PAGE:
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Life on the eighteenth-century sugar plantations of Jamaica and Saint Domingue (now Haiti) was unimaginably grim. Ninety percent of their populations were made up of enslaved Africans, and thousands of people were trafficked to the islands each year to replace those who succumbed to the brutal conditions. The British and French colonists who enslaved the majority population were justifiably terrified of rebellion. And, as historian Diana Paton explains, they particularly feared Africans’ use of spiritual knowledge, which they understood through the lens of emerging European ideas about witchcraft and poison.

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In early modern Europe, Paton writes, malicious poisoning and witchcraft were closely related ideas, and there was no distinction between the material and spiritual poisoning. For example, the European myth of Jews poisoning Christians’ wells was linked to accusations of Jewish sorcery.

By the time Caribbean sugar plantations were at their peak, European central governments had stopped treating witchcraft as a legitimate threat. But that didn’t mean that popular ideas about black magic had disappeared. France became the first European country to stop prosecuting alleged witches in 1682, officially decreeing that witchcraft was fake magic. But it still maintained laws against “poisoning by magical or natural means.” In Britain, meanwhile, witchcraft prosecutions declined gradually as the educated elite began to scoff at the idea of witches. But plenty of people still believed in them.

Looking at two mid-eighteenth-century Caribbean slave rebellions, Paton notes that the organizers drew on West African forms of spiritual knowledge and magic. As in Europe, African conceptions of supernatural powers were often tied to physical substances, but these were not necessarily used in malicious ways and could be sources of protection.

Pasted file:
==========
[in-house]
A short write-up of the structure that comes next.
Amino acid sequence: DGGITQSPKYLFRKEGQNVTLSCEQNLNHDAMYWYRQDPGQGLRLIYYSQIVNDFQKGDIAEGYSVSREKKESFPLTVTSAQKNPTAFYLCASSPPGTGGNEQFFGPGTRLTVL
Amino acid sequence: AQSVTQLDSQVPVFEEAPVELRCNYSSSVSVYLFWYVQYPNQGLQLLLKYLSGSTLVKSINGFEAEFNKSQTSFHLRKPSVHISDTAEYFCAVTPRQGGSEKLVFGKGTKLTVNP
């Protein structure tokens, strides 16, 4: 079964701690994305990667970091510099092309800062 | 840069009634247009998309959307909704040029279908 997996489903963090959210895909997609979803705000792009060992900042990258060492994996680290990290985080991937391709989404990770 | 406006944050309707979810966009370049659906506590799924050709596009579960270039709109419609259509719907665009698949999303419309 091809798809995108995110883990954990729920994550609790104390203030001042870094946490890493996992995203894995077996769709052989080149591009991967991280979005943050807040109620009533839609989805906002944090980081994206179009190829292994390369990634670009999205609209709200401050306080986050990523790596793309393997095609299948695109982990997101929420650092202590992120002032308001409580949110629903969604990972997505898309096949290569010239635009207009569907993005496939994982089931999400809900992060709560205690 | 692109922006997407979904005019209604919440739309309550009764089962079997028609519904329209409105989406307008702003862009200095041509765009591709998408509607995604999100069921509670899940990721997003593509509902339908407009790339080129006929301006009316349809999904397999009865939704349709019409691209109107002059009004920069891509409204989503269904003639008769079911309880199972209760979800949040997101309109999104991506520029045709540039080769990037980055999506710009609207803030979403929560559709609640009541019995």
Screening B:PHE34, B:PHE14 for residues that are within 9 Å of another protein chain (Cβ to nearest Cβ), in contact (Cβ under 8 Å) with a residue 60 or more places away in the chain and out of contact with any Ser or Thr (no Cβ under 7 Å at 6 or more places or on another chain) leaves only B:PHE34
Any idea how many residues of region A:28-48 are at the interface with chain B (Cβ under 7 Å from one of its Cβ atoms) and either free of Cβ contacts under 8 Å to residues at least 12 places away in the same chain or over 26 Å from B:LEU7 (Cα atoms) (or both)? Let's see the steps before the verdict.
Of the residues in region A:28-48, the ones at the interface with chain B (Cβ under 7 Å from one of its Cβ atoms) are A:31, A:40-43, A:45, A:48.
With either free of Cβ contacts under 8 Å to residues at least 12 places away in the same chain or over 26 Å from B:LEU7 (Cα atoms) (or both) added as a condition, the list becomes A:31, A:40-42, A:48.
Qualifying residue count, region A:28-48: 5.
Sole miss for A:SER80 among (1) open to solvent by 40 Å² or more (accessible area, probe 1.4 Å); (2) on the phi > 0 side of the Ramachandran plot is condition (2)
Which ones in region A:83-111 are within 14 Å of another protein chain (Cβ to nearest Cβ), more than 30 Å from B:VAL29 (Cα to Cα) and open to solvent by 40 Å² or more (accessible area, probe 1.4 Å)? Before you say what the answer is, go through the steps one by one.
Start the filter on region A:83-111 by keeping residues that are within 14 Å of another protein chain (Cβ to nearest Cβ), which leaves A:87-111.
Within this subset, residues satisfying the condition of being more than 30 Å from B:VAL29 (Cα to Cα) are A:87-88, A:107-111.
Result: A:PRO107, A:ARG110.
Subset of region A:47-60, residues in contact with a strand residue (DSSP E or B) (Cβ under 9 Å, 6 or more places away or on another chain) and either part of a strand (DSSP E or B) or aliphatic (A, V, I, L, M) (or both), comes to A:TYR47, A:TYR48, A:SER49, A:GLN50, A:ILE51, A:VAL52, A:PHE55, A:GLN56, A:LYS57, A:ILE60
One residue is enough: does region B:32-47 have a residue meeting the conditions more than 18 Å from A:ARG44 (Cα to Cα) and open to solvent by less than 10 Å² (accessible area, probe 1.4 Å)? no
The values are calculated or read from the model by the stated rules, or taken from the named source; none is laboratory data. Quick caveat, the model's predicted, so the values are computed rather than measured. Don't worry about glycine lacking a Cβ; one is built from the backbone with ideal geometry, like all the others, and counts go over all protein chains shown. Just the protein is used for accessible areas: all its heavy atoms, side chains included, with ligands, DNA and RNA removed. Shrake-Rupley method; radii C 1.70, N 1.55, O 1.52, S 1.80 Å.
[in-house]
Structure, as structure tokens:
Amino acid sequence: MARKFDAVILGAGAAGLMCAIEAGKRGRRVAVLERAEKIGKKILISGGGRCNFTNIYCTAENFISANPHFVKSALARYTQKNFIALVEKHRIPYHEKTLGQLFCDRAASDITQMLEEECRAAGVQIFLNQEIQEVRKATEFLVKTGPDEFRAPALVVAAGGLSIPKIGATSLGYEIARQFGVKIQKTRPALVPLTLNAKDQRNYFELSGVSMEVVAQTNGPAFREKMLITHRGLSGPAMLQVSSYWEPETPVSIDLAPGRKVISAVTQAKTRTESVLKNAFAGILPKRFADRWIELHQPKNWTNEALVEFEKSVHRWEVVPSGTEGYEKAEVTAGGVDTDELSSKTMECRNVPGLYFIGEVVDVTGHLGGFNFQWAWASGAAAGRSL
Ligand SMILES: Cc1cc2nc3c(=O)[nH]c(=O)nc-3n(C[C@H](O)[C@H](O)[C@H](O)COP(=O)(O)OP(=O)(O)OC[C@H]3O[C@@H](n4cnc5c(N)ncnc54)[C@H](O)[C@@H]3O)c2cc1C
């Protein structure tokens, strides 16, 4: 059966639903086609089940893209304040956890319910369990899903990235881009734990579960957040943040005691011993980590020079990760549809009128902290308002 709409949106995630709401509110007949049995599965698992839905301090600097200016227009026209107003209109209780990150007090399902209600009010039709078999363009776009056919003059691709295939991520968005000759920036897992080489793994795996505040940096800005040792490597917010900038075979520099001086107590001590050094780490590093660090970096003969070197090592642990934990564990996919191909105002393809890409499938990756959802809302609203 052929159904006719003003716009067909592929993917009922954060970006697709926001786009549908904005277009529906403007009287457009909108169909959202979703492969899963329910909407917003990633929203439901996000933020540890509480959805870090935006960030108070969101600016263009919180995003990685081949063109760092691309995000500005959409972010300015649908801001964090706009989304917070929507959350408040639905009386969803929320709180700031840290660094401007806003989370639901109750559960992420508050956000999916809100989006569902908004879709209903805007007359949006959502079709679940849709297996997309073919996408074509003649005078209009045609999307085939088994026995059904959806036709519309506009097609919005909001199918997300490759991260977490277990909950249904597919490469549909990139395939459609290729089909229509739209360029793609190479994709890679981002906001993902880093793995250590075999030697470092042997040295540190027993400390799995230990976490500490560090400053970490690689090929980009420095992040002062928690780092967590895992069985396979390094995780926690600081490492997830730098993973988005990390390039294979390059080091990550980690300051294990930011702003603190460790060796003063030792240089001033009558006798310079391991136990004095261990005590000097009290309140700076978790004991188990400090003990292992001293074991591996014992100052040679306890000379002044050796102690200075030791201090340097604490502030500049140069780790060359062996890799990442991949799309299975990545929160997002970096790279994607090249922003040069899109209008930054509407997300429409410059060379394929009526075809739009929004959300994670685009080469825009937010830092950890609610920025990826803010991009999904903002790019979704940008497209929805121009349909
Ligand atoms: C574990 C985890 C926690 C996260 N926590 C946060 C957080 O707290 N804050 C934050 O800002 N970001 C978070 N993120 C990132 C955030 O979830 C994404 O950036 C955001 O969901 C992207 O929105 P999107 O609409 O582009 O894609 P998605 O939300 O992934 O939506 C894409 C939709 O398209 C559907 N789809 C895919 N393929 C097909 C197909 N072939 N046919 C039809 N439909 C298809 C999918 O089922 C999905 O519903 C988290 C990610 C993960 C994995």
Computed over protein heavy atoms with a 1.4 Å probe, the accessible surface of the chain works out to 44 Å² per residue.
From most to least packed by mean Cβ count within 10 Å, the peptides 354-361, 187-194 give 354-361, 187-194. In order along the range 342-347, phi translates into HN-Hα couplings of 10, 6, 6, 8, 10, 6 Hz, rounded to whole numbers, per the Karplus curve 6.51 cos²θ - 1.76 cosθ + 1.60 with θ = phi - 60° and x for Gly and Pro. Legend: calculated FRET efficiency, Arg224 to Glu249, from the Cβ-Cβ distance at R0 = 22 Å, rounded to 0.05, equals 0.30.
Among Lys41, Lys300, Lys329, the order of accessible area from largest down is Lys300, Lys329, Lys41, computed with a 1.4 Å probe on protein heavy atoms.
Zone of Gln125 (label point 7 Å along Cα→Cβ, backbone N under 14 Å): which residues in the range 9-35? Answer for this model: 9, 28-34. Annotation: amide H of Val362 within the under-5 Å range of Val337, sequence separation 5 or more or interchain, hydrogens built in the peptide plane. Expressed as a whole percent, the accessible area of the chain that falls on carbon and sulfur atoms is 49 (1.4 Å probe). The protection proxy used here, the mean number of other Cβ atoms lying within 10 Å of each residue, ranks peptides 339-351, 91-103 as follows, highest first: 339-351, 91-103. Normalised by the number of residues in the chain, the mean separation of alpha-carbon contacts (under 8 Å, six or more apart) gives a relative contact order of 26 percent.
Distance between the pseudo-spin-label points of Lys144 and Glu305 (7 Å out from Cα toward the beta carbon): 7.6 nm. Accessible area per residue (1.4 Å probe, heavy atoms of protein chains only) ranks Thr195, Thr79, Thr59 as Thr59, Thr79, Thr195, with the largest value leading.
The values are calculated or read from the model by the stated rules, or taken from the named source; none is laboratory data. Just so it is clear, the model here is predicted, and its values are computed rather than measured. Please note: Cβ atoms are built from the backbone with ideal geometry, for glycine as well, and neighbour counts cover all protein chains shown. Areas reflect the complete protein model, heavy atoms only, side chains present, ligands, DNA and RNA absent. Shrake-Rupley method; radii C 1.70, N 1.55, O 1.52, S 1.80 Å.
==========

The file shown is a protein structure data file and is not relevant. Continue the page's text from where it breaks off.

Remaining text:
In Saint Domingue, enslaved Africans and maroons organized politically and spiritually, using pouches of ritual materials, known as makandals, believed to give the users protection and special powers. The rebellion’s leader took his name from these objects. In the mid-1750s, colonial authorities accused Makandal’s followers of poisonings that caused 6,000 deaths. Historians now say it’s not clear what really happened—the deaths may actually have been the result of moldy flour. But colonial rulers, influenced by the importance of poisoning in French conceptions of magic, identified the makandals as a form of poison.

In 1760, two years after Makandal was put to death, an enslaved man named Tacky led a series of rebellions across Jamaica. Like Makandal, he drew on African spiritual traditions to fortify his fighters. British planters, who were less invested in the idea of magical poisons than the French, identified this magic as “obeah,” an African-derived term that they used to describe a range of spiritual practices.

On both islands, Paton writes, the governments cracked down on spiritual practices by the enslaved. But they maintained a useful ambiguity about whether they were merely banning a material practice (poisoning in Saint Domingue, pretended magic used for political organizing in Jamaica) or if they were recognizing actual, dangerous power possessed by the people they enslaved.

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The William and Mary Quarterly, Vol. 69, No. 2 (April 2012), pp. 235–264
Omohundro Institute of Early American History and Culture